Fresh Food

GO Veggie! Campaign Addresses Lactose Intolerance

2_GOV_MacScreen_1_AboutGO Veggie! is launching a new campaign: Lactose Intolerants Anonymous. A “fun way to talk about a very real, very gassy, very uncomfortable problem,” the campaign microsite provides an online community for Americans with lactose intolerance.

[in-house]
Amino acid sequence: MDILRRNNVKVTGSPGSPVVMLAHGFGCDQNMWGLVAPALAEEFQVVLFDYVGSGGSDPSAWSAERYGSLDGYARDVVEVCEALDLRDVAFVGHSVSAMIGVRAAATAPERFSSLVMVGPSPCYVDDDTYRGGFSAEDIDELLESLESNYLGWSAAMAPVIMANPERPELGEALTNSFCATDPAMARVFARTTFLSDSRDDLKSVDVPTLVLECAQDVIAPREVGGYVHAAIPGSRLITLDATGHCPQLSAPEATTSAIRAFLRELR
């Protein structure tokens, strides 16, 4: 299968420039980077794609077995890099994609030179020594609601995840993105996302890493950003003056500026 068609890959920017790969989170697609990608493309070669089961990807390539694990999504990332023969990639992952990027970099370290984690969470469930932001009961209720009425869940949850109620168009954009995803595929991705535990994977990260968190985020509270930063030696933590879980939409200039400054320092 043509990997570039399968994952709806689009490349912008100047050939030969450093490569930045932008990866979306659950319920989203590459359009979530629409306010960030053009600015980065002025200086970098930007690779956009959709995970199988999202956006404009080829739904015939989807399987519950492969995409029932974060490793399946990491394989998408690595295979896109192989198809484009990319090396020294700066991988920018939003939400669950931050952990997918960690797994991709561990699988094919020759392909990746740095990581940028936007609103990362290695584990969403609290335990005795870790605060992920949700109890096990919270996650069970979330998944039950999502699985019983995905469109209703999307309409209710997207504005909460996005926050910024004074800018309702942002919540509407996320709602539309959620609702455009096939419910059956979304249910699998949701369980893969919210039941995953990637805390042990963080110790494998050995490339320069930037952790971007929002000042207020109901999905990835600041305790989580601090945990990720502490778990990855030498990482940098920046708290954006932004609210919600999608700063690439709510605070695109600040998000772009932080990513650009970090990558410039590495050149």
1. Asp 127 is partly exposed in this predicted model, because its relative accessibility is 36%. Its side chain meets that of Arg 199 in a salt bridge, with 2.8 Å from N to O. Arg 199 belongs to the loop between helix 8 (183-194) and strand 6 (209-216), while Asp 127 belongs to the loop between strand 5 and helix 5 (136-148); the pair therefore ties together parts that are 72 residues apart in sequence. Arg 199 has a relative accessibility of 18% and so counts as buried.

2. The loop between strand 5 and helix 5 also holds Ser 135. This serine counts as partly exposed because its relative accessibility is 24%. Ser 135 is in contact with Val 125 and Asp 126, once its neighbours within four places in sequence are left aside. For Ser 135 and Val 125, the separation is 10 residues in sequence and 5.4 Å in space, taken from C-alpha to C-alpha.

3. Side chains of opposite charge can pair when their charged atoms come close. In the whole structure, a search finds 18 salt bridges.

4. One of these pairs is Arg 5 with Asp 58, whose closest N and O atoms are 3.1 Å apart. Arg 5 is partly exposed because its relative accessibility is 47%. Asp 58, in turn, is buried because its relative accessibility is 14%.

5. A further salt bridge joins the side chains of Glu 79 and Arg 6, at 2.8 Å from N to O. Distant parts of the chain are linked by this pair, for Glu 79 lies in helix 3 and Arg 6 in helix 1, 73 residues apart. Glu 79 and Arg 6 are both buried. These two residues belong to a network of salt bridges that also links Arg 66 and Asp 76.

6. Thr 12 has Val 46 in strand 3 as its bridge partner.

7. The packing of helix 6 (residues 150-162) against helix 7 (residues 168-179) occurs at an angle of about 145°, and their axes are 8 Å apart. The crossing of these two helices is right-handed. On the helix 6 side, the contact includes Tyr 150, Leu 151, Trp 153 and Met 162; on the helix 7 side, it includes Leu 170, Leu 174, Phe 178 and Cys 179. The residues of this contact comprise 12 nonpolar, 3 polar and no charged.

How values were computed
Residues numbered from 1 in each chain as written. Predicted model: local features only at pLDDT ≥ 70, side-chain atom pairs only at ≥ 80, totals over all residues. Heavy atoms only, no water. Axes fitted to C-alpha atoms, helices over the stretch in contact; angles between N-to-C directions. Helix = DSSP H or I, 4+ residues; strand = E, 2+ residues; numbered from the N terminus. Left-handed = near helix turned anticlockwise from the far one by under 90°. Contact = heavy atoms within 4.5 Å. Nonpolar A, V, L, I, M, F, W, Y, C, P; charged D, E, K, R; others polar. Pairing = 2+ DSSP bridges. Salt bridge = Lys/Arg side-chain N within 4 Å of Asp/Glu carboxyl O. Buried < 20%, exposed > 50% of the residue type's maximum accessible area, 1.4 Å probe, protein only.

According to the U.S. National Library of Medicine, about 30 million Americans have developed some degree of lactose intolerance by the age of 20, and some studies estimate 75% of the world’s population are lactose intolerant; which means the majority of humans lack the enzymes needed to break down lactose. “Throughout social media, on Twitter especially, we’ve been following hundreds of conversations where people were craving their favorite foods like pizza or grilled cheese, and then were suffering the repercussions when they indulged,” says Whitney Velasco-Aznar, vice president of marketing for GO Veggie! “Our mission is to deliver a blissfully cheesy experience so we created an online support group these consumers can join to welcome them back to cheesy bliss.” Now through December 19, people visiting CheeseProblems.com are prompted to complete a “four-step program,” which rewards them with a product coupon and a personalized certificate of completion. Even beyond allergies or intolerances, more people than ever are turning to plant-based diets to prevent health conditions. GO Veggie! cheese alternatives are made from rice, potatoes, soy beans and/or coconut – depending on the product format. GO Veggie! will continue to help ease that overwhelming feeling people with sensitivities experience when trying to navigate the food scene; to cater to a variety of tastes, dietary restrictions and health goals with cheese free products for everyone; and to innovate to meet these growing needs. “Not only are GO Veggie! products lactose free, but also they are gluten free and contain no cholesterol or saturated fat,” adds Velasco-Aznar. “What’s more, our products are typically half the fat and a third less calories than cheese, but have 50% more calcium and nearly as much protein as cheese.” To learn more about living with lactose intolerance, visit our new infographic: A Digestible Guide to Lactose Intolerance.


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